Torpedoes were of two types: MK-14 alcohol-burning steam powered with 600 pound warheads, or the shorter MK-37 electric ones. The first of five deck-access hatches was in the top of the escape trunk. The access ladder was secured with quick-release pins, and could be removed and rapidly re-installed. The Cubera officer's 'head' was located in the room's aft starboard corner, between the bulkhead and the pit log equipment.

TRIVIA: Why is a ship's toilet called the 'head'? In fair weather on old wooden sailing ships, the toilet was simply a board lashed over the side to leeward above the figurehead decoration atop the stem at the bow of the ship. Going to the 'head' [figurehead] meant hanging your gluteus over the board to perform your evacuations. When weather was bad, the board was set atop a large bucket of water in the forcastle [fo'c'sle -- the crew's space in the bow below decks] -- use of it created what the term 'foul weather' probably referred to.

Forward Battery

Attack submarine batteries were divided into two banks of 252 cells each. Electrically, each battery could be separated into two groups of 126 cells each. The battery cells were about 18" x 14" and four feet tall, weighed 1,000 lb, and contained in spaces below the decks in the forward and aft battery rooms. The forward battery room above decks comprised the chief petty officers' and commissioned officers' sleeping quarters. It also held a gyrocompass repeater and the ship's office staffed by one yoeman. 'Officers country' also included a wardroom which doubled as an attack plotting center during battles, and a pantry for warming and serving meals, coffee and tea. Across the passageway, the officers enjoyed their own shower.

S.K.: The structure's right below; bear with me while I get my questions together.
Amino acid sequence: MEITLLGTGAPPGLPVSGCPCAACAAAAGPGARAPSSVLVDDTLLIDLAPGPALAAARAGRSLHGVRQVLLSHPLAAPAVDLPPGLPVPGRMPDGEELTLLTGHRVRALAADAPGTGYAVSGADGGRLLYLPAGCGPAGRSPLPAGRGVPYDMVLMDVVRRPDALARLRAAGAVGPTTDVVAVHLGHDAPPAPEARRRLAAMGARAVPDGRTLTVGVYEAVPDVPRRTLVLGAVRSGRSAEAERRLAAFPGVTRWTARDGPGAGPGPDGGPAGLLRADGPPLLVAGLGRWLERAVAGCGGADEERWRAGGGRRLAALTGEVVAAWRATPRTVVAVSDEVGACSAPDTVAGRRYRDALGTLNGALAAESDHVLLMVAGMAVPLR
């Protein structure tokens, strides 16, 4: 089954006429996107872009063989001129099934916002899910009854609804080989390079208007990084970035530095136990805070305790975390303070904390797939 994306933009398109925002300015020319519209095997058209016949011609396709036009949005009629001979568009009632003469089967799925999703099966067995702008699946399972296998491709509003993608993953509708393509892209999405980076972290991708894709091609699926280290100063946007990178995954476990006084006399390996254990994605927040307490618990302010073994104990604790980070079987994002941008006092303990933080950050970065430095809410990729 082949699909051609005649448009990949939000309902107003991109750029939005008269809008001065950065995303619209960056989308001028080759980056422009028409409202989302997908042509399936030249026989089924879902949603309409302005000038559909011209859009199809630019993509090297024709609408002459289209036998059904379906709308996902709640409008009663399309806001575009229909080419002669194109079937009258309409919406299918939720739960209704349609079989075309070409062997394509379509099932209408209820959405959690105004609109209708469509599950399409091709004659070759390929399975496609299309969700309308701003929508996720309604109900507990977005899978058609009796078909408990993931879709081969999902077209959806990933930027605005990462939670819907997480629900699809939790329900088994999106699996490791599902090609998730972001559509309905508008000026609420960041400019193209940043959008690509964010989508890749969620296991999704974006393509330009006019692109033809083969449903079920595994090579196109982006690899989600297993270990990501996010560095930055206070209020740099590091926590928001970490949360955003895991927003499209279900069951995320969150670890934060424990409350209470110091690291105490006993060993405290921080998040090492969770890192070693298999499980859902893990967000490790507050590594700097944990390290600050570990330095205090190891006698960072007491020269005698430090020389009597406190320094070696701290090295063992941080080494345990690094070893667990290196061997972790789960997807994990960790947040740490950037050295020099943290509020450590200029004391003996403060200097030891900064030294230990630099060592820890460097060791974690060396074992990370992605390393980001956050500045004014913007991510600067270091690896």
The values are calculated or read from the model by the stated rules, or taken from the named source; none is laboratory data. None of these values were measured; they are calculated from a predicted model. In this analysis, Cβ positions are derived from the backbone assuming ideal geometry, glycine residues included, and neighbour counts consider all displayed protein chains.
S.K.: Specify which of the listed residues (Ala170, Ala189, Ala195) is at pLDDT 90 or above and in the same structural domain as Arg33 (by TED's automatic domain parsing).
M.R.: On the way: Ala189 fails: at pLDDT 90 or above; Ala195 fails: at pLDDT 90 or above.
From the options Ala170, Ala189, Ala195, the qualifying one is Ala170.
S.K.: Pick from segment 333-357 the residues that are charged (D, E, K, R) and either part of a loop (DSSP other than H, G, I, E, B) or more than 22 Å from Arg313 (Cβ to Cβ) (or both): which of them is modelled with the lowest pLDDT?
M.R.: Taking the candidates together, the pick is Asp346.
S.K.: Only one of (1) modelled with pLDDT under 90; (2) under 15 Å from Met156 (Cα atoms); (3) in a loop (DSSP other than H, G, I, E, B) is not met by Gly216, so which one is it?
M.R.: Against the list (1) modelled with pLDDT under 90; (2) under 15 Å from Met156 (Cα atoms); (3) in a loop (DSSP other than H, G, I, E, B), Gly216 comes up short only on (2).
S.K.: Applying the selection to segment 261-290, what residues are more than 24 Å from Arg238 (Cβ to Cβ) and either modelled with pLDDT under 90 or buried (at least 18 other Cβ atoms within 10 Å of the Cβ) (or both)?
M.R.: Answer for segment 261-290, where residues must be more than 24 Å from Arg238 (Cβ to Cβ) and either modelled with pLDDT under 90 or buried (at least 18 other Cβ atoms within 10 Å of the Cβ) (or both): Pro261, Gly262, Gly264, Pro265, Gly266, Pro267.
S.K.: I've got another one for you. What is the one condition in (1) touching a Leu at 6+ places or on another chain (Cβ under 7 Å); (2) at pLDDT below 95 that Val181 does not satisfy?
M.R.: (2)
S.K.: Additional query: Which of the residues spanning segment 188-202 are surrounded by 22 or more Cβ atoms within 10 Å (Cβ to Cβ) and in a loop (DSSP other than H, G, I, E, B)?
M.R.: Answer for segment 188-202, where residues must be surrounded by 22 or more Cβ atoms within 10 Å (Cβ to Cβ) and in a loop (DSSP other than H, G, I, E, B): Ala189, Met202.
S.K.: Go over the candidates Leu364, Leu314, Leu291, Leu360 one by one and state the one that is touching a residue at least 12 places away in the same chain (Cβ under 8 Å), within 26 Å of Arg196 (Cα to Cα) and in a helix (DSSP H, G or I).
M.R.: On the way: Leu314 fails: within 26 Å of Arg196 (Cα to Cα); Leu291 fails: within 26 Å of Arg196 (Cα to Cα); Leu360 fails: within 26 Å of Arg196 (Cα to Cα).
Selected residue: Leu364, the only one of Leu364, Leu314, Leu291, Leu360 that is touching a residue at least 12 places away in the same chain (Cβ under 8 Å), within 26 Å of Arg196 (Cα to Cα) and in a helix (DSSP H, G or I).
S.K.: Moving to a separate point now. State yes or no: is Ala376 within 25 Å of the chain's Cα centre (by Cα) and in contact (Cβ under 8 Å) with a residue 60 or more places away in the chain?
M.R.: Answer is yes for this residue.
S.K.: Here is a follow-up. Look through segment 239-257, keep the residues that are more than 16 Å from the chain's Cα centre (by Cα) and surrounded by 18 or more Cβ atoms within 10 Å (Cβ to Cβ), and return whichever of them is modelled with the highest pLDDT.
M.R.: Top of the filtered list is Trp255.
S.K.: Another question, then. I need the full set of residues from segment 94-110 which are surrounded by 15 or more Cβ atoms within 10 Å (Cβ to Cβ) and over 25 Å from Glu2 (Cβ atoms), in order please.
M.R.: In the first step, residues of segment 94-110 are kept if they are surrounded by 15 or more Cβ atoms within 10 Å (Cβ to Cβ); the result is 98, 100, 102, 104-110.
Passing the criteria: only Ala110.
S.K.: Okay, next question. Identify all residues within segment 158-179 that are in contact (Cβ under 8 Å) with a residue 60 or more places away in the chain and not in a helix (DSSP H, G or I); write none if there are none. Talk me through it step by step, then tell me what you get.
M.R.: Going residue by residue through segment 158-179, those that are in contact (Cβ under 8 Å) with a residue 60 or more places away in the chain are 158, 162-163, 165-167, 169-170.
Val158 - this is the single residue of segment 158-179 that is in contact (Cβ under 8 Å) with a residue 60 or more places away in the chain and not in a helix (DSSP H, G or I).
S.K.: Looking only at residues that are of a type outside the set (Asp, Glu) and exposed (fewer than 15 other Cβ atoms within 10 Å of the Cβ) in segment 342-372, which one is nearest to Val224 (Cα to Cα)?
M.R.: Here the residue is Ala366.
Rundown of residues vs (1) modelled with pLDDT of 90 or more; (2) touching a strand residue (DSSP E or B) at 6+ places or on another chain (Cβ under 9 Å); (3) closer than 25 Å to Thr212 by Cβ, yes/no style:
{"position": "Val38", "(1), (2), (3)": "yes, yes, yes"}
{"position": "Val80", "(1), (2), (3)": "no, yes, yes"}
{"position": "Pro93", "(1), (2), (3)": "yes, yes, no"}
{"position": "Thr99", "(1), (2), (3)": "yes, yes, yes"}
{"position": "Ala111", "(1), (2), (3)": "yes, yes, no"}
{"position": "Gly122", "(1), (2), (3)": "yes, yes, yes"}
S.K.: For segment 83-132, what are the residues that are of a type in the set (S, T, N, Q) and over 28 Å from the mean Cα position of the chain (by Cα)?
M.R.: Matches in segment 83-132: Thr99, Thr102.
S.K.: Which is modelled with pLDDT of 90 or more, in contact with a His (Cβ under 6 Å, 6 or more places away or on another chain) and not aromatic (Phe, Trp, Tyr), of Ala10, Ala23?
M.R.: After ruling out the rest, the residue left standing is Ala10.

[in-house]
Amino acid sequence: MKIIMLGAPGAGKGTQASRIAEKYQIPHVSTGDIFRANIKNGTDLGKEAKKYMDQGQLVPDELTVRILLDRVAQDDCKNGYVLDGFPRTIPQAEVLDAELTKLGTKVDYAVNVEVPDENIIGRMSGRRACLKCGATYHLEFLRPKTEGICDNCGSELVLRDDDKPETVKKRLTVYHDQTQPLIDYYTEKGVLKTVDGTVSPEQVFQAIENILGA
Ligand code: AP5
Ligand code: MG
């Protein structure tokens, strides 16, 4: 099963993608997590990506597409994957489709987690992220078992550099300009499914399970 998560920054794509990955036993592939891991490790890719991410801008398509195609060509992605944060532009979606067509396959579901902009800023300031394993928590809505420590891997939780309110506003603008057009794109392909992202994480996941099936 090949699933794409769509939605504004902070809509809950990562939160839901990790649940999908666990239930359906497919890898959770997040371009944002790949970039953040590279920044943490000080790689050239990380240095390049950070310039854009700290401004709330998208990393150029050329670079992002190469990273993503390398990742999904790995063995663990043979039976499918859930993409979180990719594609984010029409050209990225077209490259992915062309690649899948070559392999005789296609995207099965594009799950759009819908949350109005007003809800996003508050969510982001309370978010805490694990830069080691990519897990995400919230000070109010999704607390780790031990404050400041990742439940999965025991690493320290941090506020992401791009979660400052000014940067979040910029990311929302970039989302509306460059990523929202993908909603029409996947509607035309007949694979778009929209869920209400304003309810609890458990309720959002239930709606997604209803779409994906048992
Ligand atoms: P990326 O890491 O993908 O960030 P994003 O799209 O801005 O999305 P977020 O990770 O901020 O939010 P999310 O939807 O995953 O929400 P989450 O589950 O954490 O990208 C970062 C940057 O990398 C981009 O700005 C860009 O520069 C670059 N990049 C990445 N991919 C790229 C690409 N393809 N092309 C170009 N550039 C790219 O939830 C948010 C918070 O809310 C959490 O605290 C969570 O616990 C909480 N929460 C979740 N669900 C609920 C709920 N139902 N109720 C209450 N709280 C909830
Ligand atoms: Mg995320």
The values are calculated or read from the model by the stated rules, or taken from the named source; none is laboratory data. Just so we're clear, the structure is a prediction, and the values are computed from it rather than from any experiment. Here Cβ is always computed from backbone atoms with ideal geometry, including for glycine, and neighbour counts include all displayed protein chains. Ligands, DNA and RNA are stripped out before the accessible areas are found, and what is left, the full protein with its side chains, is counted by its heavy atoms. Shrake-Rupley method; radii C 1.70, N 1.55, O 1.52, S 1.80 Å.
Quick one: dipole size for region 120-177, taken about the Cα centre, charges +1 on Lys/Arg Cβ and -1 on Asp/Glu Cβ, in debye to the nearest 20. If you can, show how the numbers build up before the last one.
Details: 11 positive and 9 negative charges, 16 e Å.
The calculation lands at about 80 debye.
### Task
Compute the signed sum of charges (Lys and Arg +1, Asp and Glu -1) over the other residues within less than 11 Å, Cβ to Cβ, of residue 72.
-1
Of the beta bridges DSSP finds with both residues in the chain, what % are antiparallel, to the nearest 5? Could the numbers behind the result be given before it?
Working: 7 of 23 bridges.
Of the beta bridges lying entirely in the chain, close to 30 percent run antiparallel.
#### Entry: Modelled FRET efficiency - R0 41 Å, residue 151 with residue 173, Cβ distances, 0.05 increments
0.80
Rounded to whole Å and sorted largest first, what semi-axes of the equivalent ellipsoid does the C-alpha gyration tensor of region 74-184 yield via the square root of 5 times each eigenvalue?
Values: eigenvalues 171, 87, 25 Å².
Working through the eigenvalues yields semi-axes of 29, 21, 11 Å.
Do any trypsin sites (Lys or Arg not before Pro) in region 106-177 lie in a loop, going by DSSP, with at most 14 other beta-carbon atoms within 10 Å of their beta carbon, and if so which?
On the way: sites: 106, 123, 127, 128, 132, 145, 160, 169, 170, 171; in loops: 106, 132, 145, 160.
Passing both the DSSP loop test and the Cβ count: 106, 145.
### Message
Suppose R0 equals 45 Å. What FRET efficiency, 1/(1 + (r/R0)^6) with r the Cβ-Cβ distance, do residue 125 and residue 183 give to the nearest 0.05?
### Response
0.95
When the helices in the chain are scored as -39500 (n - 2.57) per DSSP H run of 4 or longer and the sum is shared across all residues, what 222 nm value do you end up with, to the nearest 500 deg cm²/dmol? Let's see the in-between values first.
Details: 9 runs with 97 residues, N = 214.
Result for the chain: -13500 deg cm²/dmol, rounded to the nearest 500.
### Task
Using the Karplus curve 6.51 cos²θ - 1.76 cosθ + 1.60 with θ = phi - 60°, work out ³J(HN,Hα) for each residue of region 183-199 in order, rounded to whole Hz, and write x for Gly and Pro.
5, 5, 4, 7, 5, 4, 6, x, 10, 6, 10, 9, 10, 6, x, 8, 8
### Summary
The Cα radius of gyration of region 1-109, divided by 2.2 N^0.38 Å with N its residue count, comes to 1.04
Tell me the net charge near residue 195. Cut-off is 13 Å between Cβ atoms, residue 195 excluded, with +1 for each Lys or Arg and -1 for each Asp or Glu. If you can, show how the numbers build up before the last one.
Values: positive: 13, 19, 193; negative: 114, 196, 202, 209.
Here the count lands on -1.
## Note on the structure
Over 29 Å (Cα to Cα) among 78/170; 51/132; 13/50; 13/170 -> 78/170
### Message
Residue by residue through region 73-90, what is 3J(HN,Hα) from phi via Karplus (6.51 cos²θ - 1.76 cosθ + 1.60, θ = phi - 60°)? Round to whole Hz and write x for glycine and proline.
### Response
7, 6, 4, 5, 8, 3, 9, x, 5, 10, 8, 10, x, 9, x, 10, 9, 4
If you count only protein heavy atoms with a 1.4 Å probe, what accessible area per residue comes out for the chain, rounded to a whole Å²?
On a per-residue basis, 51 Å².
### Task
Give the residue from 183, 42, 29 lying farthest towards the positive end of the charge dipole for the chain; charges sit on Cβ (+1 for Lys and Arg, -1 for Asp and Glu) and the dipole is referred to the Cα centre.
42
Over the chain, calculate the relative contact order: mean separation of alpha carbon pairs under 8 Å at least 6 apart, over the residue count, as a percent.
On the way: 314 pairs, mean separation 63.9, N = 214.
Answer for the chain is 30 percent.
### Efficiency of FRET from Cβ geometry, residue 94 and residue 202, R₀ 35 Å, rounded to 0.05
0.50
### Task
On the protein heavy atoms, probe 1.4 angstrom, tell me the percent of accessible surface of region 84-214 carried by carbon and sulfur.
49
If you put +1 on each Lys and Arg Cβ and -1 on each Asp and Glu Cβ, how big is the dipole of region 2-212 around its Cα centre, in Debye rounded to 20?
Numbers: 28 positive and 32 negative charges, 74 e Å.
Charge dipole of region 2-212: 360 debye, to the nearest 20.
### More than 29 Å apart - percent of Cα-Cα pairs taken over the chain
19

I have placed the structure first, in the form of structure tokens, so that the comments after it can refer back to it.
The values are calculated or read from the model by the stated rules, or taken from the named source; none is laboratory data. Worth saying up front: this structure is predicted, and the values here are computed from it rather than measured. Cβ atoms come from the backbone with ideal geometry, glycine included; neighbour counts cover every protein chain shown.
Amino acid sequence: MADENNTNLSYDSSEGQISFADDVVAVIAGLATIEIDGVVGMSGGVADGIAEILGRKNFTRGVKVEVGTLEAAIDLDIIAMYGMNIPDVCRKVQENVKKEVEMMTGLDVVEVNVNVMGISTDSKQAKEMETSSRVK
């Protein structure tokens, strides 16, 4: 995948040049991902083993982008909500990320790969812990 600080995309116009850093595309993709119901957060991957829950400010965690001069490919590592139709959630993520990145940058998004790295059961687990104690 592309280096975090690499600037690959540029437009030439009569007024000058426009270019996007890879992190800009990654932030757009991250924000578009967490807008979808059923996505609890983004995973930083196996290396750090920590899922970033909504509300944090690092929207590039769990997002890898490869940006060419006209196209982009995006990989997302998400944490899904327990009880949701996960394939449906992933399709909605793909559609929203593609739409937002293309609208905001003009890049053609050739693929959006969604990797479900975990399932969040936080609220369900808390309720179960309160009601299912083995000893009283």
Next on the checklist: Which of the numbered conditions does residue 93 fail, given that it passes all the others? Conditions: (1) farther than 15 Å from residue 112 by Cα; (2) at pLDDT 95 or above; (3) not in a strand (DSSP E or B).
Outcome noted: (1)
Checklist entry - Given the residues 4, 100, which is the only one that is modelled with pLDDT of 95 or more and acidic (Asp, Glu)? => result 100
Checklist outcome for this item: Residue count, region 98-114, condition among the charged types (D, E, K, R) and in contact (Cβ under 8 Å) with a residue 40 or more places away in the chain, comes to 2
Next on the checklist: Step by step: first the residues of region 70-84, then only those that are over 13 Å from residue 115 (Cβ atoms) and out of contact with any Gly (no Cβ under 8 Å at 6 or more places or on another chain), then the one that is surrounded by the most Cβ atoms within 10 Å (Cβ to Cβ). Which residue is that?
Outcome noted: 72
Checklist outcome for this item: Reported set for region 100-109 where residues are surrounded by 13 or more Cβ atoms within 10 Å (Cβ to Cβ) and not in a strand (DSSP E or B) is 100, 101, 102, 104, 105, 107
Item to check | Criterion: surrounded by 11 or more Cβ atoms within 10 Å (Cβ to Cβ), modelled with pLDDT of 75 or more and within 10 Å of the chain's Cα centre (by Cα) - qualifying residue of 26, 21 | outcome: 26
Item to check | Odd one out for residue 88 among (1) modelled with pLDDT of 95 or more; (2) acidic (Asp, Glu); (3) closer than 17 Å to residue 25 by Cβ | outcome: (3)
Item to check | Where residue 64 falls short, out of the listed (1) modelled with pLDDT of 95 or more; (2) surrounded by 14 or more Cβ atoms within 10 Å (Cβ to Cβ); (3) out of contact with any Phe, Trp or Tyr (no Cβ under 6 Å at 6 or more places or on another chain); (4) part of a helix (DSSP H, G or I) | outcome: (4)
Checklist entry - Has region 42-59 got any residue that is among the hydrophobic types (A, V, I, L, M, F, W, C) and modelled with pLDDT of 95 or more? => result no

Control Room

Primary control of the boat's bow and stern diving planes, air and electrical systems, and ballast tank flooding/venting were disbursed amongst complex vertical control panels in the control room. Below the control room deck was the Pump Room (not really a room, just the bilge area below the walking deck) which held the forward battery air conditioning, hydraulic, and trim system plants as well as the low-pressure ballast tank blower. The control room was primarily the diving control center. Large wheels were used to control hydraulic motors linked to the diving plane operating gear. Valve manifolds allowed crew to blow and pump from any tank to any other. Some like the ballast tank vents, could be operated hydraulically from the control room or manually at the valve operating gear in the adjacent room. For silent running, the hydraulic motors could be switched off and operated (with strenuous difficulty!) quietly by hand cranking the wheels. Ships communications radios and encryption gear occupied the port rear corner, known as the 'radio shack.' The main gyrocompass, located under a table in the center of the control room, provided signals for navigation/steering, radar/sonar reference and target attack plotting.